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How Might We?

How Might We?

How do we go through innovation?
Over the next few days I'm going to share few blogs which will take you through those steps.
Step 2 of 4

How might we?
How might we is a great and fun exercise, there are some language considerations, how this exercise works and a little advice in case this feels difficult to complete. So lets jump in!
So first, the language is set up in a way to allow us free scope and explore any ideas no matter how extreme or silly they might first seem.. ‘How’ address the problem at hand, our ideas need to address the problem statement. ‘Might’ is used to create a safe environment for all ideas no matter the scope, this is to encourage a large amount of ideas to be shared whether you think your own ideas are worth sharing or not, the key is in the might. And finally ‘We’ is there because this is an inclusive exercise to be done with a cross functional team, across the product group, however you might set it up. This exercise is a group effort in order to fill that quantity aspect. Check back tomorrow for this second part on how might we!

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Brainstorming

Brainstorming

How do we go through innovation?
Over the next few days I'm going to share few blogs which will take you through those steps.
Step 1 of 4
Special Brainstorming
Special brainstorming is a method we discuss when we would like to generate a large number of ideas. We generally do this in teams or groups, as we aim to encourage active listening and shared discussion of ideas, where no idea is bad. First, we start with a problem that has been identified, be sure this has been prioritized, validated, and is clearly defined as a problem statement. Then we can use a number of brain storming techniques along side one another in order to generate a large number of diverse and thought provoking ideas. By doing so, we look to invoke innovation by using a large quantity of ideas as stepping stones towards a quality idea! Once we have completed our various brainstorming techniques, we then need to log and record our findings, as well as cluster together any gained ideas.
As a note, the language we use in these sessions is critical, as we are trying to promote free thinking based on our problem statements. So, creating a comfortable and confident environment where we feel we can suggest our most crazy ideas is critical to this and us getting through large amounts of ideas.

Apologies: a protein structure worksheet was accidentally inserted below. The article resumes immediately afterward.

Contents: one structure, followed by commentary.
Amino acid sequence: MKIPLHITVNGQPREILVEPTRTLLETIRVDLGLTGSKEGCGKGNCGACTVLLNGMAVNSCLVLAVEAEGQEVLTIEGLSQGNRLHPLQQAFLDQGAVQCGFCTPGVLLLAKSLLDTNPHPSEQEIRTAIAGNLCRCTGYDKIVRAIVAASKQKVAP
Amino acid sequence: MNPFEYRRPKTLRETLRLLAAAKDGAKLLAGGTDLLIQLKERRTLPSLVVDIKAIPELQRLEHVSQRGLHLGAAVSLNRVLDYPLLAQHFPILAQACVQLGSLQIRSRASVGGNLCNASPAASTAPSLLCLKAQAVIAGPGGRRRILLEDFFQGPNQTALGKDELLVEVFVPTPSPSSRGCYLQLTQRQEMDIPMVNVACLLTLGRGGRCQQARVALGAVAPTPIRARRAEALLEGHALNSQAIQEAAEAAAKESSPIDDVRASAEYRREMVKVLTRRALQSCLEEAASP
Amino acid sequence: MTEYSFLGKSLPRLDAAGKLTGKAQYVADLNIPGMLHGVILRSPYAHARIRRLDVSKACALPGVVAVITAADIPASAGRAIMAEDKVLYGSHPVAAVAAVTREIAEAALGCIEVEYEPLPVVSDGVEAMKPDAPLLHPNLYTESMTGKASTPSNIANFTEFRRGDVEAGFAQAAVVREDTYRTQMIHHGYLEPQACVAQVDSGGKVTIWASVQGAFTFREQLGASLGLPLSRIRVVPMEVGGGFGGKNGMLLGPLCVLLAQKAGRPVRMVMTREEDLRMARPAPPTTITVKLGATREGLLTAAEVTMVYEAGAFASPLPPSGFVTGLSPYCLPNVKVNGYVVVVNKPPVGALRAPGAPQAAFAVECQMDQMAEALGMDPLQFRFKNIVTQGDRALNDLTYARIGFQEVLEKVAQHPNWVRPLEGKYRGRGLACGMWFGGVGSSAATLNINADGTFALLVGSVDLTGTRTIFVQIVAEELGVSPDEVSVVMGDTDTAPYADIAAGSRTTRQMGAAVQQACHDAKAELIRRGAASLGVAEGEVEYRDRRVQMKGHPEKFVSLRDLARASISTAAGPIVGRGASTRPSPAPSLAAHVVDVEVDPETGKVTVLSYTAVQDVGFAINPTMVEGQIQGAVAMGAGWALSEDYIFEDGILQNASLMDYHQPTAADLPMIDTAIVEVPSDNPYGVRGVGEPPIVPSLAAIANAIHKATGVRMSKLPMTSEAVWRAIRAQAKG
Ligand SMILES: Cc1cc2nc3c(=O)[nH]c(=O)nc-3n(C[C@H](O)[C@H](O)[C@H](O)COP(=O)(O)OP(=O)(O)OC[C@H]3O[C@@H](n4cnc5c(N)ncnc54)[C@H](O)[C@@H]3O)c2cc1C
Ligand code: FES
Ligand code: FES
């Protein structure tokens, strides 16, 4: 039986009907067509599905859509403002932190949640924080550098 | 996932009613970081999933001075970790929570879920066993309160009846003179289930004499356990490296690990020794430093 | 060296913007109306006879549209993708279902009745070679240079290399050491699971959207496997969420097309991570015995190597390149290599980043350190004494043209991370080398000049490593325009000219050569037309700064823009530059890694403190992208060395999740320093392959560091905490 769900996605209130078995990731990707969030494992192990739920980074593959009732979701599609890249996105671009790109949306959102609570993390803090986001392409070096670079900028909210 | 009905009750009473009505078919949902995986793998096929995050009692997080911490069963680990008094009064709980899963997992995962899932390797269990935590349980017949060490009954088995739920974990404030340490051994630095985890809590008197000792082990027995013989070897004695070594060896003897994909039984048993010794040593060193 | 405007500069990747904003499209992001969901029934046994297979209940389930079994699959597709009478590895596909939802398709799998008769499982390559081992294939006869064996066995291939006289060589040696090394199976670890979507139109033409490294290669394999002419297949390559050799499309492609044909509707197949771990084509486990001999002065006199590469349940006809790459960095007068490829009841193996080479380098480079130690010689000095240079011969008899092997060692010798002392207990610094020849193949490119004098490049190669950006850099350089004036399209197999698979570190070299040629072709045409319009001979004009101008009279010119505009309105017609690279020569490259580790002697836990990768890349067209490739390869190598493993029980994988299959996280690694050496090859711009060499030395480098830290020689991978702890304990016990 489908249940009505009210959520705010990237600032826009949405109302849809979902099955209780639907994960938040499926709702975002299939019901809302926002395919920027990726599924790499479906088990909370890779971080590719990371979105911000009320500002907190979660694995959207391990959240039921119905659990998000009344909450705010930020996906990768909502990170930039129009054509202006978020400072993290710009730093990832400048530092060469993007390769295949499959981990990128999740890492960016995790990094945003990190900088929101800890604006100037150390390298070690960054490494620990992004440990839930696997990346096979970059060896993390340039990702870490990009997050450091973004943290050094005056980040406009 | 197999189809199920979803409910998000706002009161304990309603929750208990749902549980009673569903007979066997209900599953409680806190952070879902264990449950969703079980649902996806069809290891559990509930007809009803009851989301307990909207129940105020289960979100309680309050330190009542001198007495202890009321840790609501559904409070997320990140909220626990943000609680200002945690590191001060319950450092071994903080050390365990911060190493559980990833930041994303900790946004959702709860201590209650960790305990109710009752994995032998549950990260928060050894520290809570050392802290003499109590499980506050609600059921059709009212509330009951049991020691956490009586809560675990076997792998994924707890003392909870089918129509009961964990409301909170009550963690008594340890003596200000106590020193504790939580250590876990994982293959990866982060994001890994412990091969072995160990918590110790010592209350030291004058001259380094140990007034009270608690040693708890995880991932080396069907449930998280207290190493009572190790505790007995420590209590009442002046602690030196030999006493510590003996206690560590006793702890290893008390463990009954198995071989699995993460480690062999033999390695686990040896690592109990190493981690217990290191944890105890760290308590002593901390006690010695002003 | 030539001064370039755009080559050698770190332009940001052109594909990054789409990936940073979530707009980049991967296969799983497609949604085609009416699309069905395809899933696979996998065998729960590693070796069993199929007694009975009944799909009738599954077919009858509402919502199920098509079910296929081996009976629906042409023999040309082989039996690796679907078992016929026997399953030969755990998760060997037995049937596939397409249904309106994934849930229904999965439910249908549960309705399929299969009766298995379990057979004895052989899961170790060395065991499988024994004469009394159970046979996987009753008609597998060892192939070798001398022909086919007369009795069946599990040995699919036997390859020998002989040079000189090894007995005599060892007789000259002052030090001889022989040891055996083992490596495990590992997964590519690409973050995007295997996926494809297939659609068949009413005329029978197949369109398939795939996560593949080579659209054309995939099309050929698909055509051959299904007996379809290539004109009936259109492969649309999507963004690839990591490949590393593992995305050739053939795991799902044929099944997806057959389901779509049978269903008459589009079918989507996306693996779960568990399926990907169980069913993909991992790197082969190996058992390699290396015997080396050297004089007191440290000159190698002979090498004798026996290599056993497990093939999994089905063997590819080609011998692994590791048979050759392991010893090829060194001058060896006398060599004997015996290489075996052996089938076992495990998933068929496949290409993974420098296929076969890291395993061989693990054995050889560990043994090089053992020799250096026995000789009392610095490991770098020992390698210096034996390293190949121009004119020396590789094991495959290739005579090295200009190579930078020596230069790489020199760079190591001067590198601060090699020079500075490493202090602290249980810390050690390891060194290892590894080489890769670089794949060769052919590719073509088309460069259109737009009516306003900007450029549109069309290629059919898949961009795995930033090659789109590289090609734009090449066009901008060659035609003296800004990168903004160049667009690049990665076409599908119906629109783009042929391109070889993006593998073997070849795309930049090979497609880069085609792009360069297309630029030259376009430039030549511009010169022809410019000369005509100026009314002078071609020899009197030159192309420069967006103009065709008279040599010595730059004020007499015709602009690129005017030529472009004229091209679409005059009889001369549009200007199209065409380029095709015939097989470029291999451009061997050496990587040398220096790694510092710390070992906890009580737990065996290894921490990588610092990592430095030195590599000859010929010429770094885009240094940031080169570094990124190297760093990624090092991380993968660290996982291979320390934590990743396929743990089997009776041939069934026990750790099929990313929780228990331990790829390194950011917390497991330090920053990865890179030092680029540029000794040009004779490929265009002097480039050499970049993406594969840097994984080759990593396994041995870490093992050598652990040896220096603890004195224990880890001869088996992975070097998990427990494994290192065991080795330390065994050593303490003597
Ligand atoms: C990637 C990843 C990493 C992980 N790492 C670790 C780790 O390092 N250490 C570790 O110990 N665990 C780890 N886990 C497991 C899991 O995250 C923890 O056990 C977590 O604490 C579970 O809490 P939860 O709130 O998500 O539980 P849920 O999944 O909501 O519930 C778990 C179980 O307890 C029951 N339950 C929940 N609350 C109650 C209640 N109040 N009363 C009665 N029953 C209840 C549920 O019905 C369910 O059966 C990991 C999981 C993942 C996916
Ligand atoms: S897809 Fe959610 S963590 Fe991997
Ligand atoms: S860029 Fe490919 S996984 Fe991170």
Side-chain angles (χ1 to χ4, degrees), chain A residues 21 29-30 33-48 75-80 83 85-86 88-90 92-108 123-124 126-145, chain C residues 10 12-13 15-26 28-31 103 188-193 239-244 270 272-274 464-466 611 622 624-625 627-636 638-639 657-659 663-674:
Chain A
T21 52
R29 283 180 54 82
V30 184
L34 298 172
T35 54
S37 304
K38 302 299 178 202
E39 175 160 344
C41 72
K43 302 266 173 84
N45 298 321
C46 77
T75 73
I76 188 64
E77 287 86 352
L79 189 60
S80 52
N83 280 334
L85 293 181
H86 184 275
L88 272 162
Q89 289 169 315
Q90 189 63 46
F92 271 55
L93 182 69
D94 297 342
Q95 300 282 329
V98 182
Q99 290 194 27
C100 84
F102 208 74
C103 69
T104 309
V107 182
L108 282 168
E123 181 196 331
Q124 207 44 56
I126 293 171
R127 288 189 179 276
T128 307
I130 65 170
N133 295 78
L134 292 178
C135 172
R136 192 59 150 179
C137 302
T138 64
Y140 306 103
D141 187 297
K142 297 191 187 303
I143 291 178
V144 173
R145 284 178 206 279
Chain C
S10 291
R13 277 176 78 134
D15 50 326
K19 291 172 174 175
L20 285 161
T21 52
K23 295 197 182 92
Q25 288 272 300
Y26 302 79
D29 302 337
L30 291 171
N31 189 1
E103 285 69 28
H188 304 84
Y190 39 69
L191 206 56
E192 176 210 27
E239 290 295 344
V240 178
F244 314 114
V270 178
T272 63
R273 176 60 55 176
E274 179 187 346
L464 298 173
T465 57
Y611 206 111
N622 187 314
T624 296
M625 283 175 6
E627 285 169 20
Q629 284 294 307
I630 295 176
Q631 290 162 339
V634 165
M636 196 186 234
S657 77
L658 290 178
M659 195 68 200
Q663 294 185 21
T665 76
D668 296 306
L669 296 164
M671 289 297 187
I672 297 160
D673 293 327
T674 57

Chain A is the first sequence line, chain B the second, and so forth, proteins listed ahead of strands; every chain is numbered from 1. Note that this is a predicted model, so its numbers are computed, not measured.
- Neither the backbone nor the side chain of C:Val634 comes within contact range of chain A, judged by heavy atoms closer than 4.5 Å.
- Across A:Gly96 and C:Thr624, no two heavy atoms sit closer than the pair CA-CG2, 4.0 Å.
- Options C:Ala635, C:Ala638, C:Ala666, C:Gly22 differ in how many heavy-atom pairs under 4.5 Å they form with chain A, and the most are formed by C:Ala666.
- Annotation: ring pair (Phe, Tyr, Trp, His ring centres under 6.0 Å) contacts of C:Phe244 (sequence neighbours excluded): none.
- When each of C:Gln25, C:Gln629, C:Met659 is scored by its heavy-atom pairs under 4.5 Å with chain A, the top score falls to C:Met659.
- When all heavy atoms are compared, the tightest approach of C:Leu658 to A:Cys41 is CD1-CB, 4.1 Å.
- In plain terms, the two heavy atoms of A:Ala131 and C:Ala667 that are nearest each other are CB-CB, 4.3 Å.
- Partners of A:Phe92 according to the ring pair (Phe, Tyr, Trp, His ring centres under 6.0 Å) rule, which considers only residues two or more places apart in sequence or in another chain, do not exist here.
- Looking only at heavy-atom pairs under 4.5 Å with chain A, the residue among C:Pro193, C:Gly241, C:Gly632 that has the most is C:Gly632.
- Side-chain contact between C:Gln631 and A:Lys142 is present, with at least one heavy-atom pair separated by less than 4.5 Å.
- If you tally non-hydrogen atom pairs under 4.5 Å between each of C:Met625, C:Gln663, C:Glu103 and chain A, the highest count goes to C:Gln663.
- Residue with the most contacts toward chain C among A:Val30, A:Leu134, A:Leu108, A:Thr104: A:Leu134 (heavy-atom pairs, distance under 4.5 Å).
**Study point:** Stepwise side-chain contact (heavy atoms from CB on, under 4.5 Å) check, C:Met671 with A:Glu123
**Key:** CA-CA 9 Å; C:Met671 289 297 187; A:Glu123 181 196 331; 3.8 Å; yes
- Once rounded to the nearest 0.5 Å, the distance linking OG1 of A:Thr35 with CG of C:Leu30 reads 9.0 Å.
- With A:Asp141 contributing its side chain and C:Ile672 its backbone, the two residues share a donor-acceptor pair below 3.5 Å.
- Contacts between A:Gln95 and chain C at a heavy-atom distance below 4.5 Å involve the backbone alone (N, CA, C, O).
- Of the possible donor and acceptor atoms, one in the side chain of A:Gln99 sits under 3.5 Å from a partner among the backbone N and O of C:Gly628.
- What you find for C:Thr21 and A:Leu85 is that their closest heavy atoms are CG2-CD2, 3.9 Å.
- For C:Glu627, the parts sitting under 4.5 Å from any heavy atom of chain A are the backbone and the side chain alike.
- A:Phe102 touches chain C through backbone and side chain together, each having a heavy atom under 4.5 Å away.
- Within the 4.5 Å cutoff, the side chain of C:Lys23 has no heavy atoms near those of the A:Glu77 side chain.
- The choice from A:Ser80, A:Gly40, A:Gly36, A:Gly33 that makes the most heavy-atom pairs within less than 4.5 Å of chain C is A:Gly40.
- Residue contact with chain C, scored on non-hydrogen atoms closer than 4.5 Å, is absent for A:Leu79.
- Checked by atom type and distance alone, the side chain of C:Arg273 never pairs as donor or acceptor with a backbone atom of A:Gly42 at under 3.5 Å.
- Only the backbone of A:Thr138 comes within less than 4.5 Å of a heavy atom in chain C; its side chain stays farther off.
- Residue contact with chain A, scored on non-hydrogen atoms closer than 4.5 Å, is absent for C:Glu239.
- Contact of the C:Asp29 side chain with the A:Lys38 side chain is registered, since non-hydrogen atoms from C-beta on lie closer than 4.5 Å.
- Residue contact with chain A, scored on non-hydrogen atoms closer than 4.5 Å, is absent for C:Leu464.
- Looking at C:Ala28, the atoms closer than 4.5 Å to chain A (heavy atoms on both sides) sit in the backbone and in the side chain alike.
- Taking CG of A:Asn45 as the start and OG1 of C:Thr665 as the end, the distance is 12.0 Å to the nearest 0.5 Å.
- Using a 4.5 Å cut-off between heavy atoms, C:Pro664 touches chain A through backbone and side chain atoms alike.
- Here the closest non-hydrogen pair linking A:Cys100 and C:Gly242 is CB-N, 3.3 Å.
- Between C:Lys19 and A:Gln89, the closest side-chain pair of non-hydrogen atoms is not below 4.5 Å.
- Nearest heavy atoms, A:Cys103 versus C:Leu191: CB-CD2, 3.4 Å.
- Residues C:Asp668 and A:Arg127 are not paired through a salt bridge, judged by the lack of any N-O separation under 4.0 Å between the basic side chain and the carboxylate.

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 A good Product Manager

A good Product Manager

How do you identify a good Product Manager?
I'm constantly asked what makes a great Product Manager. In my experience, a strong Product Manager is the CEO of their solution and gets involved in all aspects from inception to launch, and then in-life management. Due to this I am a strong believer in ‘Hire for attitude, train for skill’. If someone has the right behaviors, then you can teach them the skills to be a great product manager.
My approach to interviewing is firstly to understand their personality, so :
1) Can they fit into the team dynamic? (disruption of the ‘status quo’ to strengthen is ok as well)
2) What does their personality bring to the team that is currently missing?
3) Do I think they can work within a team, yet be focused enough to work on their own and drive the solutions that they will be managing?
4) Are they tenacious and can they prove this?
5) Have they got the right social skills to be able to work with a number of disciplines around the company?
6) Are they someone that thrives on ownership and responsibility?

An initial 1-2-1 personal interview approach allows the candidate to understand if the company is the right fit for them. They get to know my expectations and the companies.

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Customer led VS Customer centric

Customer led VS Customer centric

What’s the difference between being customer led and customer centric, if they can tell us what they want then surely, we should listen?
A great example is Henry Ford.
If he had been customer led he would have been a horse breeder. A very successful one – procuring the fastest, strongest and most resilient for his stock to solve the problem of travelling long distances in the shortest possible time.
However, Henry Ford was an innovator. He was customer centric. He thought outside the box, understood that long distance journeys needed to be quicker, more efficient and more comfortable than riding a horse. His customer centric thinking inspired to the idea of using a mechanically powered vehicle that creates motion and is easy to operate. Enter the Motor Car!

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Product Tree

Product Tree

Autumn Is here!
It’s a beautiful time of year.
The days are shorter, there’s a nip in the air, and it’s time to cut back and prune your Product Tree.
Pruning is a common technique to gardeners, and it’s also a data compression technique in machine learning and search algorithms. I am advocating it’s also a useful skill to deploy against your product. Entrance the Product Tree!